THEATRE Theatre Reviews Honeymoon Suite Royal Court London UK REVIEWS

Honeymoon Suite

Royal Court Theatre
London
ENGLAND

Suite Love

On opening, our first impression is of a very shabby man entering a slightly shabby hotel room — both have seen better days. This is present day Bridlington. Writer Richard Bean then transports us back and forth in time, within the confines of this hotel room, telling the history of this man’s relationship with his wife and how he came to be in such a sorry state.

The concept is quite clever. Irene and Eddie, played with sincerity and enthusiasm by Sara Beharrell and Liam Garrigan, married when they were both only teenagers and honeymooned in this suite. From poor fishing backgrounds, they view the opulence of the suite from rose-tinted glasses. To them it represents all that they want for the future: an en-suite bathroom, a gravel drive and a house in Kirk Ella, near Hull. Cut forward 25 years. An older Irene (Caroline O’Neill) and Eddie (Jeremy Swift) return to the suite for their silver wedding anniversary. These are very different people. They have escaped the poverty of their predecessors and now have their dream house in Kirk Ella. Eddie is a brash wheeler-dealer who likes to be called “Tits” and who puts Irene on a pedestal, all too aware of his shortcomings and inferior intellect. Irene is no longer scared and demure, but is confident and self-assured. Treating him with irritation and scorn, she proves that she has outgrown Eddie by embarking on an affair and enrolling in university. Finally we have the present day Irene (Marjorie Yates) and Eddie (John Alderton), 43 years after they married. Long since separated, there is now a yawning chasm between them, symbolised by Irene now living in Brussels, whilst Eddie is still in this corner of Yorkshire. She is grand and commanding: a government minister and a baroness. He is unemployed and lives in this rundown hotel room. Baroness Marfleet wants a divorce and yet, despite their differences, there is still a bond and an attraction between them. It is a credit to Marjorie Yates that although this final scenario seems far fetched, we are able to suspend our disbelief and believe in it.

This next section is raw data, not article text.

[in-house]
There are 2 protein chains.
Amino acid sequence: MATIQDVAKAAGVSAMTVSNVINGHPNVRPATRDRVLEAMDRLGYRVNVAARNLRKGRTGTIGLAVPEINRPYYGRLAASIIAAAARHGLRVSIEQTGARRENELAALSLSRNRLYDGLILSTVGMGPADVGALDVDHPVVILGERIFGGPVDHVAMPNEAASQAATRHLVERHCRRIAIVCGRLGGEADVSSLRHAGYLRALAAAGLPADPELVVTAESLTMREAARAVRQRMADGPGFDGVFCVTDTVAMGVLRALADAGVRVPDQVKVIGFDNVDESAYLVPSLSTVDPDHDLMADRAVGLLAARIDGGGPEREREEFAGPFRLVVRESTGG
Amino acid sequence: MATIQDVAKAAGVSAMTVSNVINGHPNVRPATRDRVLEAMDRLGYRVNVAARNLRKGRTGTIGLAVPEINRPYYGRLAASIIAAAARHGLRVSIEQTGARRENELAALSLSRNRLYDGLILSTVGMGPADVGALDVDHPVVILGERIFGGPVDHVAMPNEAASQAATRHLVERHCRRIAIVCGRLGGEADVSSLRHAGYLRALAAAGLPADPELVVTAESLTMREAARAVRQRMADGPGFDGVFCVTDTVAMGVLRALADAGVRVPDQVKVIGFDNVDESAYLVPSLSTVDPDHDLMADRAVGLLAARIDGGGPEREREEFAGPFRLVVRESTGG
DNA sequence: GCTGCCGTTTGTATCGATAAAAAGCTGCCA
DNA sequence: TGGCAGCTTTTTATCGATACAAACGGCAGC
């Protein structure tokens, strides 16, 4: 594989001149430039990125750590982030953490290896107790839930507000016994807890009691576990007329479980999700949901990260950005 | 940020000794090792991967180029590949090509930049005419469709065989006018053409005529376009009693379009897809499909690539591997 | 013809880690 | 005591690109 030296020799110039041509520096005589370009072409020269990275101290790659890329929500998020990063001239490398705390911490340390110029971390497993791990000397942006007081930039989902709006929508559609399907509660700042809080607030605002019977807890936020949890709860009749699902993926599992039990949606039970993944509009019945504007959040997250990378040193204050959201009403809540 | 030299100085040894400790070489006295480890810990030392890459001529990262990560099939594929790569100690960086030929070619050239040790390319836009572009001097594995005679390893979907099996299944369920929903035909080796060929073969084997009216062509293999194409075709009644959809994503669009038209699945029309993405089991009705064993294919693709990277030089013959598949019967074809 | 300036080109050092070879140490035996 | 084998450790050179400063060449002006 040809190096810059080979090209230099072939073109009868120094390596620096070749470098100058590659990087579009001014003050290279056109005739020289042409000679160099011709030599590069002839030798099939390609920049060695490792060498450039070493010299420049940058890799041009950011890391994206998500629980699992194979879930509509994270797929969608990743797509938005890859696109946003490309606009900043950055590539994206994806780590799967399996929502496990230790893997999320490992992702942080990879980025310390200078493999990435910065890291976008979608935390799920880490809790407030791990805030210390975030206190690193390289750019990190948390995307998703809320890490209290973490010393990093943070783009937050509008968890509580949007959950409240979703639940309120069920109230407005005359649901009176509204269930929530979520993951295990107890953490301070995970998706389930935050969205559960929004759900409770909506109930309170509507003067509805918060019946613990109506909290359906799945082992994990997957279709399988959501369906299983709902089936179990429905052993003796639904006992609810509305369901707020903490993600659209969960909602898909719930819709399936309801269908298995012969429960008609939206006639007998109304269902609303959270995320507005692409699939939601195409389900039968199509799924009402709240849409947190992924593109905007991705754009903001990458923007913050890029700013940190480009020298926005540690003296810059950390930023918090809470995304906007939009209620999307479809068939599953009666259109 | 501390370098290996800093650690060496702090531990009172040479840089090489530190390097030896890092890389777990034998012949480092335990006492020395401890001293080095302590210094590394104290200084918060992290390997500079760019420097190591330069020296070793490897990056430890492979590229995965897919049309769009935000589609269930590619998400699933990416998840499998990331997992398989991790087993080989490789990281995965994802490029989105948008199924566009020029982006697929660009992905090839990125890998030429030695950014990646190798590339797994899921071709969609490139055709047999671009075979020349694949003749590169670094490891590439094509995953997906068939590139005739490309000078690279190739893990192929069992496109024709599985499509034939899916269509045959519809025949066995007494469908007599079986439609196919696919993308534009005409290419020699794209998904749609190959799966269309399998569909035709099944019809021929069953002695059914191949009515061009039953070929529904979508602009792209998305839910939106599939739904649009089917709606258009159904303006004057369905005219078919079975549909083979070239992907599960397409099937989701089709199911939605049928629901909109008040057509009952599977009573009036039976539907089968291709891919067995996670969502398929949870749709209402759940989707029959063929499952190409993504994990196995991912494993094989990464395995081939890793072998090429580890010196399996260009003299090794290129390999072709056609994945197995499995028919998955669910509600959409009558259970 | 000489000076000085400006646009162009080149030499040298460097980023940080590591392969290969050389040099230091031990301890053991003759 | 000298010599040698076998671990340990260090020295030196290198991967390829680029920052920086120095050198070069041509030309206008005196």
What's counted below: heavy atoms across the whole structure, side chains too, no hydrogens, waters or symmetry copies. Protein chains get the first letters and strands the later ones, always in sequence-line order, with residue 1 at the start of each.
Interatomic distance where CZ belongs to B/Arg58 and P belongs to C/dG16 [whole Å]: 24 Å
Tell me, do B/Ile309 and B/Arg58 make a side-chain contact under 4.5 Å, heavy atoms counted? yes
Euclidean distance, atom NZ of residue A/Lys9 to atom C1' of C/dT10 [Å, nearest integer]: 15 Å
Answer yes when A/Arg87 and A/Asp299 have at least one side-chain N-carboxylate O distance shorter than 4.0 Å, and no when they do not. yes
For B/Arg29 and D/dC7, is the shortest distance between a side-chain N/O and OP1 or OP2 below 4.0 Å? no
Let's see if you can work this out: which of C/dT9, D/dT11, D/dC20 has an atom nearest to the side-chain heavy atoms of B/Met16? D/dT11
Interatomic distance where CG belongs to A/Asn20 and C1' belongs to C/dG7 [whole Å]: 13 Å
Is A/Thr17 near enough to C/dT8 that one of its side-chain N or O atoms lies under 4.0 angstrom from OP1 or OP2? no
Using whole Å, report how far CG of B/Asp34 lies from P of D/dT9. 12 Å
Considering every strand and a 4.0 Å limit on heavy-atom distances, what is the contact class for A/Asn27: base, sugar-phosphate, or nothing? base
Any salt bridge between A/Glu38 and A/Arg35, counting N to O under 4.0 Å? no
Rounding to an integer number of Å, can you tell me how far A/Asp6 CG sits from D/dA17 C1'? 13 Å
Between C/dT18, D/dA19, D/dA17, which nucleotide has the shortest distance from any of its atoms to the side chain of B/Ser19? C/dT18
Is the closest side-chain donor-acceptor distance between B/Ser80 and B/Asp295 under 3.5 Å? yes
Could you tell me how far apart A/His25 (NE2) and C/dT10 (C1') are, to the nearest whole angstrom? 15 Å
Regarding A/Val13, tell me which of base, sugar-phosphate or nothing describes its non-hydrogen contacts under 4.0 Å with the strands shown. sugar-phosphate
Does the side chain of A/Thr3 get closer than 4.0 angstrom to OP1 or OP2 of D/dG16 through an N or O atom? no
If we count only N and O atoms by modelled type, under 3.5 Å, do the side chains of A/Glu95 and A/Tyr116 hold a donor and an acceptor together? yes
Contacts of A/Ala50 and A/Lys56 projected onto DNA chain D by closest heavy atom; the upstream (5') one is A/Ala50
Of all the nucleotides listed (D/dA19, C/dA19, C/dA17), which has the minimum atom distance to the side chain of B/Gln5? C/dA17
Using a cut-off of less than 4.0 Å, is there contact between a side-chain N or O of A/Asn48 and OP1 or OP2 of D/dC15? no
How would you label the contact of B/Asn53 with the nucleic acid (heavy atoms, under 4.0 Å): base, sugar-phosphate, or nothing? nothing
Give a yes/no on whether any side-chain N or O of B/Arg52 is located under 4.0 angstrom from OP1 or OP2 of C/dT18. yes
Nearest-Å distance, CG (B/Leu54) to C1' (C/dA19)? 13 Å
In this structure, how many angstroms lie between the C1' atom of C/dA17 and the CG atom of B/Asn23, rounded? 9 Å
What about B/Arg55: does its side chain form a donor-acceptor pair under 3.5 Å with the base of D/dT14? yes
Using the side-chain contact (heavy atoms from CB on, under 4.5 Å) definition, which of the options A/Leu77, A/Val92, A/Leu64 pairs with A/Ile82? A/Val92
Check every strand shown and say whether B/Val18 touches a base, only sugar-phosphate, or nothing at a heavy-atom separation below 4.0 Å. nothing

The play darts between three very different points in time, but director Paul Miller uses the set to it’s full advantage. Even when several different incarnations of the characters are on set at the same time, this is not confusing or annoying. Credit should also be given to the costumes under the supervision of Chris Cahill and the props in Hayden Griffin’s set design. The attention to detail is excellent, right down to the brand of carrier bags, which makes the scenes in different time frames believable. A well scripted play, Irene is the straight guy for Eddie’s wisecracks and as such Jeremy Swift and John Alderton have all of the best lines, which they deliver with aplomb. Although Honeymoon Suite may not be the best advert for Bridlington, it is a delightful comedy which demonstrates that it is certainly not grim up north. © MW

“Honeymoon Suite” is at Royal Court Theatre from the 8th of January until the 7th of February, 2004.

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